GUANGZHOU, China — This week, the Berggruen Institute’s 21st Century Council met with Chinese President Xi Jinping in Beijing and then gathered in this city-region of 22 million inhabitants for the fourth “Understanding China” conference. The theme this time was China’s plans for the next phase of “reform and opening up” and what the Chinese leader calls “the new globalization.”
In his opening remarks, Xi framed the discussion. “You can’t understand China,” he said, “unless you understand its path to development, which is linked to globalization. China will never close its opening to the world.”
Zhu Min, a former deputy managing director of the International Monetary Fund, laid out China’s reading of where things are headed amid the trade turmoil with the U.S. He noted that the 25 percent tariffs across around 90 percent of China’s exports to America are at a level unprecedented even in the 1930s.
Yet, the U.S. trade deficit has nonetheless increased while China’s trade volume has further expanded. China’s exports, Zhu reported, have actually risen as “trade is redistributed” to Mexico, Canada, Vietnam and Europe. China’s economy is still growing at more than 6 percent — less than the double-digit growth of the early days of “reform and opening up,” but across an economy that is several times larger. And that growth, his analysis shows, is a result of the recomposition of the economy in which consumption accounts for more than half of GDP, while services are growing and manufacturing shrinking.
However, Zhu warned, the trade war has had a greater negative impact on global growth because of the uncertainties that abound. Since companies cannot plan ahead with confidence and organize reliable supply chains with any certainty, investment has stalled. Falling investment, he emphasized, has always been a leading indicator of a coming global recession.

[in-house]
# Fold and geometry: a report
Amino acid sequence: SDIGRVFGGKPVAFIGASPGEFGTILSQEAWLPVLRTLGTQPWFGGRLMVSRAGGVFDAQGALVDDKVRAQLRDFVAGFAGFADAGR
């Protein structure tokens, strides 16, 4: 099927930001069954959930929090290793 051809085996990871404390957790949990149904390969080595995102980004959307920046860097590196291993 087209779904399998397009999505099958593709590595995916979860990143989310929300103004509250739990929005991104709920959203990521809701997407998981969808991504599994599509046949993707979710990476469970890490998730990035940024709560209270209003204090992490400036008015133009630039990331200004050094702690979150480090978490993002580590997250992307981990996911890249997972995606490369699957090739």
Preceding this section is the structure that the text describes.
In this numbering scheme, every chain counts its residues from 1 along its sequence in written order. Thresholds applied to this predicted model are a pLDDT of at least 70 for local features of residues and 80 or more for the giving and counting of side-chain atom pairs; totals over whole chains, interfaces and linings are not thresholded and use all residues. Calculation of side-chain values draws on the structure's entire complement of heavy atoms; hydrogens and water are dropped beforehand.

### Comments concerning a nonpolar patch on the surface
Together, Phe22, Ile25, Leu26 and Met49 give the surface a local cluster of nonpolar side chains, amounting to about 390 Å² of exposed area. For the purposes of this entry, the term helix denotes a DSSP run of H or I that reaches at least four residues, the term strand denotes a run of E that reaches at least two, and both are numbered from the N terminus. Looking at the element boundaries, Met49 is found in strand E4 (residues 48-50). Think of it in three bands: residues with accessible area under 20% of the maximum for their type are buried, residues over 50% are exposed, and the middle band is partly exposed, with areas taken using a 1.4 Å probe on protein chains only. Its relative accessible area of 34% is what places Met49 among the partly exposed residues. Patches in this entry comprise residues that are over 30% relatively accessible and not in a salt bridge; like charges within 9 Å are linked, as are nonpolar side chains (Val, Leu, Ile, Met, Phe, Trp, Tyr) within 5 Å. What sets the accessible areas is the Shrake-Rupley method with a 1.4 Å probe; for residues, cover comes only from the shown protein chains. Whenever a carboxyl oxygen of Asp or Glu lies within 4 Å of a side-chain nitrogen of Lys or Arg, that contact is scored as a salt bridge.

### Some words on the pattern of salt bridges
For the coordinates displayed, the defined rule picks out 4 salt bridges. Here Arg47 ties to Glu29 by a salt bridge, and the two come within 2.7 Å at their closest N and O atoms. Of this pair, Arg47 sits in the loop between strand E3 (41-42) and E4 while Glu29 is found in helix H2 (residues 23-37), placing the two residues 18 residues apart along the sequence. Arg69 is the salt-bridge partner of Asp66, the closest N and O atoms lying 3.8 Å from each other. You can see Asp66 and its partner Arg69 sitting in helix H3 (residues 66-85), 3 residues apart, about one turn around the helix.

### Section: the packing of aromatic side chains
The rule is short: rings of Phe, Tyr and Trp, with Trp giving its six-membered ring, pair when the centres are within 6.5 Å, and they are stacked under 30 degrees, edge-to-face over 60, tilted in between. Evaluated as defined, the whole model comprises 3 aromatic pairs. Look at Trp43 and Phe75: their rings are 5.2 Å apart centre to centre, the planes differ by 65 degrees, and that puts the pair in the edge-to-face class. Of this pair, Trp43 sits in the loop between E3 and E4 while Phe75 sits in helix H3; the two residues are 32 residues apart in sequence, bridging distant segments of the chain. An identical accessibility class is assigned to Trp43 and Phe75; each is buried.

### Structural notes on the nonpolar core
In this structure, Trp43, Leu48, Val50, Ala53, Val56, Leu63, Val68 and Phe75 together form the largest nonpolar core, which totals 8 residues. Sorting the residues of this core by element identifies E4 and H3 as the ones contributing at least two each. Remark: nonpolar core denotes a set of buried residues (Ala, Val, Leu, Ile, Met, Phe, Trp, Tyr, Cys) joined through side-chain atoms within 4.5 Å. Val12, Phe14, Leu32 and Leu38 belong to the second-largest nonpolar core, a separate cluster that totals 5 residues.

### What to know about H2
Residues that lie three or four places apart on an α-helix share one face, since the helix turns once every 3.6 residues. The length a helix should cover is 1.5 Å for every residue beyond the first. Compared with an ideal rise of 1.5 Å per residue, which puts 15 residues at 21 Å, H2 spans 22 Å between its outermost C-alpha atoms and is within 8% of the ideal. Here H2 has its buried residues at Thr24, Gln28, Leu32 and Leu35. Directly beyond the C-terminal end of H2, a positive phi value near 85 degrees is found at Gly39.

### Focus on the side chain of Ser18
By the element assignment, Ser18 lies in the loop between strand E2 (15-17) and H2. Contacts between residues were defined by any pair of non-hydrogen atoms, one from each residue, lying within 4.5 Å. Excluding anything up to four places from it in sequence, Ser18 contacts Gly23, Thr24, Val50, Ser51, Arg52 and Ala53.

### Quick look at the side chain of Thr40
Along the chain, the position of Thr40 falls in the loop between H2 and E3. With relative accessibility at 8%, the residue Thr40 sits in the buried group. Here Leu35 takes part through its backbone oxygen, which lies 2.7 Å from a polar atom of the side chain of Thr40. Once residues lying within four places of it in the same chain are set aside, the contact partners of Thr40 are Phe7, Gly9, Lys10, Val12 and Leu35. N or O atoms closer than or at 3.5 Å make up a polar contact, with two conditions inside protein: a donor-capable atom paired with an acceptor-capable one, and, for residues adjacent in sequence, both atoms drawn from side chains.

Ernesto Zedillo, the 21st Century Council president and former president of Mexico, came out swinging at America’s unilateral imposition of tariffs, calling them illegal under World Trade Organization rules. He urged Europe and the rest of the WTO members to band together to press for their removal and punish the U.S. Otherwise, we will return to “the law of the jungle” in which the most powerful nations pursue advantages over all others instead of a “rules-based system” that’s fair for all.
Zhu acknowledged that there was no turning back to the previous tone and tenor of U.S.-China relations after the “Trump bump,” not least because the leading Democratic contenders for the American presidency harbor many of the same anti-China sentiments as the current administration. We are headed, he said, into a paradigm shift — a “new normal” — that will be very different from the past three decades.
In my remarks, I argued that this new normal would be characterized by a protracted “duality” in relations in which conflict and cooperation will coexist. Though there is likely to be some deal in the coming weeks or months over conventional trade in commodities like soybeans, the most consequential issue — the race for technological dominance — will not be resolved anytime soon, if ever.
The central project of modern China, and in particular Xi’s “national rejuvenation,” is to never again fall behind the West in technological achievement, as it did in the 19th and early 20th centuries, which invited imperial domination. Yet, today’s information technology, especially artificial intelligence, is not just another factor of production like machine tools. It is about the use of data and the control of information and free expression. Though the West is itself engaged in an internal debate over privacy and surveillance capitalism, there is nonetheless a sharp political and cultural divergence over core values between East and West.
At the same time, accelerating climate change demands common urgent action that will have to be taken up by “networks of the willing” even though the U.S. has formally withdrawn from the Paris climate accord.
Conflict is therefore as inexorable as cooperation is imperative.
What this entails in practice is a “partnership of rivals” around the convergent interest of climate action even as relations deteriorate in other realms. Cooperation on climate cannot mean that the West should remain silent on Beijing’s erosion of autonomy in Hong Kong or on the “reeducation camps” for Muslim Uighurs. The West must call China out on those issues, but by taking a stand, not taking sides. We should criticize, not demonize, China.